Bailouts can hit developing countries, WTO chief warns

January 28th, 2009 - 6:36 pm ICT by IANS  

London, Jan 28 (IANS) The head of the World Trade Organisation (WTO) has said multi-billion dollar financial packages aimed at bailing out failing banks and industries in rich countries may end up harming developing countries. “There are planes that won’t fly, ships that won’t sail, cars that won’t be sold. Does this mean that open trade is wrong? No. It means that there is an adjustment problem between supply and demand,” Pascal Lamy told Britain’s Channel 4 television news Tuesday on the eve of the World Economic Forum in Davos, Switzerland.

“And if you look at that from the side of developing countries who, by definition, cannot afford big bailout packages simply because they don’t have the money - let’s not make a system … more development-averse.”

Lamy said protectionism as a “go-it-alone solution … does not work” but added he had not seen any dramatic signs of protectionism so far.

Separately, in a report to the WTO’s 153 member-states, Lamy said bailout packages need to be designed in a such a way that they do not violate global trade rules or discriminate against foreign companies.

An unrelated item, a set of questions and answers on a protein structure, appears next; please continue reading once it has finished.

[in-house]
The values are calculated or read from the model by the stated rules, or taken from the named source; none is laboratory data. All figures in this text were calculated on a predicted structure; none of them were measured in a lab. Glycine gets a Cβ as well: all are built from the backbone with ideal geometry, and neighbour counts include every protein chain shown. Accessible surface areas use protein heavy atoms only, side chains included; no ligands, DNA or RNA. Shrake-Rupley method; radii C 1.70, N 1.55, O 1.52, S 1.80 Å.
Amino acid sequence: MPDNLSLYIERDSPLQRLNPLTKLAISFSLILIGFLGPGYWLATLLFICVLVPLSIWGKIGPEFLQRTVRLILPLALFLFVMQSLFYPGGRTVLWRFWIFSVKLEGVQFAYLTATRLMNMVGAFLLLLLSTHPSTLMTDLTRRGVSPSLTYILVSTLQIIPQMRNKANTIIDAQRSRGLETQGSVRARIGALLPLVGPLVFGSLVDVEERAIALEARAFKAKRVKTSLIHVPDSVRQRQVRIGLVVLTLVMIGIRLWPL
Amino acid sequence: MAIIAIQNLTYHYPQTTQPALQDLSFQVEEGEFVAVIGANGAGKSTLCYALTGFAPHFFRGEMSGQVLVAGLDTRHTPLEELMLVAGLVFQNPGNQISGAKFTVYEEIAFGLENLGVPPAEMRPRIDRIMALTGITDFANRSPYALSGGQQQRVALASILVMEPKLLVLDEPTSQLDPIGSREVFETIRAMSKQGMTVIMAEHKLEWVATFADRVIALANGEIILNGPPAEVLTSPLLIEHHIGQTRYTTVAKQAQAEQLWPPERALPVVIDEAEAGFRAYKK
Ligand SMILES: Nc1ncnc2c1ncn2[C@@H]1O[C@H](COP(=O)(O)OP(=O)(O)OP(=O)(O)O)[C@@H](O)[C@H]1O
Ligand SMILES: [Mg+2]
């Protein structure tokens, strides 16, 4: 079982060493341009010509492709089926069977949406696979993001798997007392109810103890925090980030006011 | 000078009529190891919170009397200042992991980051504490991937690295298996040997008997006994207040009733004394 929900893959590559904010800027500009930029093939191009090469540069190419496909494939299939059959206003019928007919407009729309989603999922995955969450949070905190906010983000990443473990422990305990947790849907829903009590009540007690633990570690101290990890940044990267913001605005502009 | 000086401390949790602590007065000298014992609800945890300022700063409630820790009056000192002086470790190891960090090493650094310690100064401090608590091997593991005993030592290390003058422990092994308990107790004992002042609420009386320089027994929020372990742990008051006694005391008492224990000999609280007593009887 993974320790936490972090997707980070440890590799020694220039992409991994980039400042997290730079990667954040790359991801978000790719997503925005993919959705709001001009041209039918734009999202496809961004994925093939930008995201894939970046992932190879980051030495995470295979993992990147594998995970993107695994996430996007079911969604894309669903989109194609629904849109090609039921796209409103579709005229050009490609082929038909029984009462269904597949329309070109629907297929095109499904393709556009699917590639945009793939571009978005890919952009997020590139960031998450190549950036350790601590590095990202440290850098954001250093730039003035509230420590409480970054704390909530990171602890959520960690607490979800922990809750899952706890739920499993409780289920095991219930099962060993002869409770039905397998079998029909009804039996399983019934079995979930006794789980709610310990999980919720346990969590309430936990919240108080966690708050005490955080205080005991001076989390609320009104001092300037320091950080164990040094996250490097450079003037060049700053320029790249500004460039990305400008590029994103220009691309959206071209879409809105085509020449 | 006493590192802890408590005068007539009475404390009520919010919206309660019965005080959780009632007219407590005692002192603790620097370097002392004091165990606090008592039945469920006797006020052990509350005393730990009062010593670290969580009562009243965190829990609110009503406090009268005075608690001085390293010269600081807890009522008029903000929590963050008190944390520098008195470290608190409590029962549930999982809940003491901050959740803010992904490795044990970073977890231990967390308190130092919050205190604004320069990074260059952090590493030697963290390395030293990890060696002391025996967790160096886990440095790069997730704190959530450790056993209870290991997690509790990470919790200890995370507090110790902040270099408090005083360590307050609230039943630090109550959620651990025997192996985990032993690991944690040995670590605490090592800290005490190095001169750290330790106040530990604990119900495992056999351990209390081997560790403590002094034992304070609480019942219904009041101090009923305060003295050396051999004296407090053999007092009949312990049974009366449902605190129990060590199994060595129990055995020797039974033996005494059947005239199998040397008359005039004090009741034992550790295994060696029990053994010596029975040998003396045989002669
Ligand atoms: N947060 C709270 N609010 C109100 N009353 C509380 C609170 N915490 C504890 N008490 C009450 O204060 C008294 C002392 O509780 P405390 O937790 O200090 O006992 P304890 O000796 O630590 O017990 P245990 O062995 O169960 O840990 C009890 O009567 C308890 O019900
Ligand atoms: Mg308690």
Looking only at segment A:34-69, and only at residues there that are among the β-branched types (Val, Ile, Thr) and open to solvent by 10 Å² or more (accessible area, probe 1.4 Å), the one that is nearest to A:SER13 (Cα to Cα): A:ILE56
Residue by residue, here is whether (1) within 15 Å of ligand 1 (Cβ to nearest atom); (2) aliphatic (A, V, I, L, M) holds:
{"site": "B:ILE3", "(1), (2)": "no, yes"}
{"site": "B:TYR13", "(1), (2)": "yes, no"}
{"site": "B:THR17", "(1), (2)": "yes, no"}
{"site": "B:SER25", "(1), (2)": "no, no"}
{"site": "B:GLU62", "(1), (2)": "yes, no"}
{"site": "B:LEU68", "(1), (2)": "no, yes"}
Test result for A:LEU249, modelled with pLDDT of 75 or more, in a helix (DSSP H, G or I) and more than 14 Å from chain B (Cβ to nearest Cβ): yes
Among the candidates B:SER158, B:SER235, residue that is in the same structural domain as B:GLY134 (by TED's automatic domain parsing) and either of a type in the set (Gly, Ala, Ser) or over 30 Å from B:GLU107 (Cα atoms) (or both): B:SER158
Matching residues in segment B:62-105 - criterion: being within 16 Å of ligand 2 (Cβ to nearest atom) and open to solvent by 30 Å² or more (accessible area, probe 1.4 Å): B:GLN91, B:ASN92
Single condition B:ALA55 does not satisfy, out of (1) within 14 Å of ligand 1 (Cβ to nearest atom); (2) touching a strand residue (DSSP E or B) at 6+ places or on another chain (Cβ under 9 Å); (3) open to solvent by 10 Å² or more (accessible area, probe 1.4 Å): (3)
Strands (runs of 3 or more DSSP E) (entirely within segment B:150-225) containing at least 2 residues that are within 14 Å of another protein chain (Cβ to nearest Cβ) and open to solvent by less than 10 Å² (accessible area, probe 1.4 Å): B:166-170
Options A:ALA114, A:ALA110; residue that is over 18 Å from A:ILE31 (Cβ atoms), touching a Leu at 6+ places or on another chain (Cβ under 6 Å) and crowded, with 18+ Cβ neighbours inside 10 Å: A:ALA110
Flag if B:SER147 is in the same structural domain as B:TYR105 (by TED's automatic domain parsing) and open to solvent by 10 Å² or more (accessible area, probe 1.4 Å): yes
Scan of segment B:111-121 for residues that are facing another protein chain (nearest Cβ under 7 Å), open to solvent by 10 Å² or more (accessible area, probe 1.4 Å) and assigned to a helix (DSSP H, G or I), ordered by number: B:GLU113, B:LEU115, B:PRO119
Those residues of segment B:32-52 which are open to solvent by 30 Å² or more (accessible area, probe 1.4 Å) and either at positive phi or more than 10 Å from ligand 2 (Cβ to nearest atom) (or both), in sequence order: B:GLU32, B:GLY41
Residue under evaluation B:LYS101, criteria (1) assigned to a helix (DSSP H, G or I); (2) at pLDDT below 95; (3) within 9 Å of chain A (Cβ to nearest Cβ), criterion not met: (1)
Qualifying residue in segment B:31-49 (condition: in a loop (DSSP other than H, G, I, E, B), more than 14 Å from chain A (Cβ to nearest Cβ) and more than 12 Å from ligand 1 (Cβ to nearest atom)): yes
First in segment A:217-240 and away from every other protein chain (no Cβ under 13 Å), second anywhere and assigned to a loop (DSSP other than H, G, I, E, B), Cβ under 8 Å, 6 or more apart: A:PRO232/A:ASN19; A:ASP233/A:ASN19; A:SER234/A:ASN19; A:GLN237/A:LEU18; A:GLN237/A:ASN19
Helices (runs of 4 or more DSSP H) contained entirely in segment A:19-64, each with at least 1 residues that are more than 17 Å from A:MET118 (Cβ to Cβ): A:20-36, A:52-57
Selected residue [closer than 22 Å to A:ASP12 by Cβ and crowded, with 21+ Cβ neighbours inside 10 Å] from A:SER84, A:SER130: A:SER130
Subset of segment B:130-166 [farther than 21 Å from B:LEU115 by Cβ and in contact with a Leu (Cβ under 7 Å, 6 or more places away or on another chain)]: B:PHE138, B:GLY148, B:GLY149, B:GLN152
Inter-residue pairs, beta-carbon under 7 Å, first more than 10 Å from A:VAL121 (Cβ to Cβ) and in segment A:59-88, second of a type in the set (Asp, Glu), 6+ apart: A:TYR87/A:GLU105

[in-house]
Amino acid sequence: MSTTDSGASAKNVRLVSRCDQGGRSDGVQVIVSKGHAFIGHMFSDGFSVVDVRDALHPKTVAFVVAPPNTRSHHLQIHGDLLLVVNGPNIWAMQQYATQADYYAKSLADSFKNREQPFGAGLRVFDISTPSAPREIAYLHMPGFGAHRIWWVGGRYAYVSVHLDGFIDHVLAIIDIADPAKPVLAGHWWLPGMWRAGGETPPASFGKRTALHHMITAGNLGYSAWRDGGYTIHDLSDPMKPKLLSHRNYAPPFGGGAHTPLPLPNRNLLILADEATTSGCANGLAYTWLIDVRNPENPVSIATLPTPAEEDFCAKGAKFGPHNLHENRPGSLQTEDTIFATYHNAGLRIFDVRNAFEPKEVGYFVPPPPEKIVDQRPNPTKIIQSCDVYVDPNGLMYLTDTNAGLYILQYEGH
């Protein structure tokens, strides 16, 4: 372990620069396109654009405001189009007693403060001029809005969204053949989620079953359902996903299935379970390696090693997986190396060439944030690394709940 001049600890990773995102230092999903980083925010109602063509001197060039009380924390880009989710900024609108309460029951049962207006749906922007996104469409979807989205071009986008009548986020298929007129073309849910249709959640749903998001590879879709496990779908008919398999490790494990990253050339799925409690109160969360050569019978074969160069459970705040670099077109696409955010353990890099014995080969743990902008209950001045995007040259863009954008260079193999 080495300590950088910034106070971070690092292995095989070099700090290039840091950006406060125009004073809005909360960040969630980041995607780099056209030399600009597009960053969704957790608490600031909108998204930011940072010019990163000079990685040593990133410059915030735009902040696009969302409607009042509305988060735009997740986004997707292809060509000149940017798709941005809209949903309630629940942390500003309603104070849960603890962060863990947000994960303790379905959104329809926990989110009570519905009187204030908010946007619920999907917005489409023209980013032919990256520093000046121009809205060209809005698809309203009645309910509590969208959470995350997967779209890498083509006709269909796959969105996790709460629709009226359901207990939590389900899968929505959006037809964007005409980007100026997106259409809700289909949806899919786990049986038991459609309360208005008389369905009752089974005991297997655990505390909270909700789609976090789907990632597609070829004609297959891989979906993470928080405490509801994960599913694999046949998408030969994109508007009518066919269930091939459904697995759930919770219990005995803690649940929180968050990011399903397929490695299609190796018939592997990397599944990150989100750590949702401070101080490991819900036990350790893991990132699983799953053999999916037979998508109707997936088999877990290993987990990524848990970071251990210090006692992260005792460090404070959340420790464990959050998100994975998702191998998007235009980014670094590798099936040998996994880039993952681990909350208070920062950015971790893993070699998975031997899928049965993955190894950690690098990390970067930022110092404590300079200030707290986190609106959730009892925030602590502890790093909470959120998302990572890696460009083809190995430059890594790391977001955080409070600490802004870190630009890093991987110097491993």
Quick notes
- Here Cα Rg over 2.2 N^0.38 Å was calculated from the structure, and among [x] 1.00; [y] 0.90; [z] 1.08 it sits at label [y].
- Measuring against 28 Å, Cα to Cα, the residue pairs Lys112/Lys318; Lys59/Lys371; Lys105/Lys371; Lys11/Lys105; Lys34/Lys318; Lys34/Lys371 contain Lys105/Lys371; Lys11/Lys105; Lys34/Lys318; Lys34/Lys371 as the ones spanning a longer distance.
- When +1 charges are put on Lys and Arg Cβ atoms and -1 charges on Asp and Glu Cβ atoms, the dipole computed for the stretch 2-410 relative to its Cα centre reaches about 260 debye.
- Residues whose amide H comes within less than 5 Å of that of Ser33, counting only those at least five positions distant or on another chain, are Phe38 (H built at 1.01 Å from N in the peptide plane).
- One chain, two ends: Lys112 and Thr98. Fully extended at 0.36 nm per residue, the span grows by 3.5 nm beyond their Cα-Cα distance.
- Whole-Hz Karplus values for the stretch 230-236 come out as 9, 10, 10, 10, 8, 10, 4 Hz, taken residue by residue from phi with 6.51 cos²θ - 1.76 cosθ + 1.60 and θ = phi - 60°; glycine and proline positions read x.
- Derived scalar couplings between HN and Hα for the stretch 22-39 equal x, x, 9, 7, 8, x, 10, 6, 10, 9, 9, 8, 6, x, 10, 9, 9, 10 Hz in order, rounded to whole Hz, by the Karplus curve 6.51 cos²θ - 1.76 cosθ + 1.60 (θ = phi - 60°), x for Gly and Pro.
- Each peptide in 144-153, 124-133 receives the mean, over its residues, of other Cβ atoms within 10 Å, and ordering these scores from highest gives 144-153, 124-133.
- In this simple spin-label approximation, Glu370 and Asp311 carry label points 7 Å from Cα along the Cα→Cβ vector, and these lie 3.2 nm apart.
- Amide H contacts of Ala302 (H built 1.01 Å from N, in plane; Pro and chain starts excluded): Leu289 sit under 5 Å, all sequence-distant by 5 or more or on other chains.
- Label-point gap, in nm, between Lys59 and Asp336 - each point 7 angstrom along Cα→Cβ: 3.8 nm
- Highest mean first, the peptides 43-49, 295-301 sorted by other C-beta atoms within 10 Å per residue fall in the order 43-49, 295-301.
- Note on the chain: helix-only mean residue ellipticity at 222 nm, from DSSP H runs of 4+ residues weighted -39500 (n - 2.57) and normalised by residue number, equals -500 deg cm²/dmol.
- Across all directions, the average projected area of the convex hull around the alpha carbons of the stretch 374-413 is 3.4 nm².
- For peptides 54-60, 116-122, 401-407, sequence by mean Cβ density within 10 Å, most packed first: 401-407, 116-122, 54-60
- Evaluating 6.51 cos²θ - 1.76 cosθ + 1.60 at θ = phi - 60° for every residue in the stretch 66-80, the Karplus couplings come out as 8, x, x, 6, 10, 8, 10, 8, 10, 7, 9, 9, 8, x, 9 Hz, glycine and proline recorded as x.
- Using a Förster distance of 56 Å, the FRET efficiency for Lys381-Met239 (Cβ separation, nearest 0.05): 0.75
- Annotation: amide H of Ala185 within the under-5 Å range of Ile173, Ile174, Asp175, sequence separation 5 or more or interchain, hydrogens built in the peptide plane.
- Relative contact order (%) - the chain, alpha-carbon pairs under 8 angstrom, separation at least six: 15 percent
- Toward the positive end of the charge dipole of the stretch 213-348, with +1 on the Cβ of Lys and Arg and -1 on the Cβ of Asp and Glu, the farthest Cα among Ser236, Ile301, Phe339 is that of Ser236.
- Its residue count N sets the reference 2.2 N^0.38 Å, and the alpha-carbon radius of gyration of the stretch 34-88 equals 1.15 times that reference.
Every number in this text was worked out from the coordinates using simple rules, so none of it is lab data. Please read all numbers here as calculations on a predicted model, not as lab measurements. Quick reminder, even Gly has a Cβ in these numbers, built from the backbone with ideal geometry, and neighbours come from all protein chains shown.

“It must be recognised that some of the measures at least, which in most cases constitute some form of state aid or subsidy, may eventually have negative spill-over effects on other markets or introduce distortions to competition between financial institutions,” he said.

The report names several examples of trade restrictions imposed since September 2008, including: India, which raised tariffs on some imported steel products; Ecuador; Indonesia; Argentina; and the European Commission, which says it will re-introduce export subsidies for butter, cheese, and whole and skimmed milk powder.

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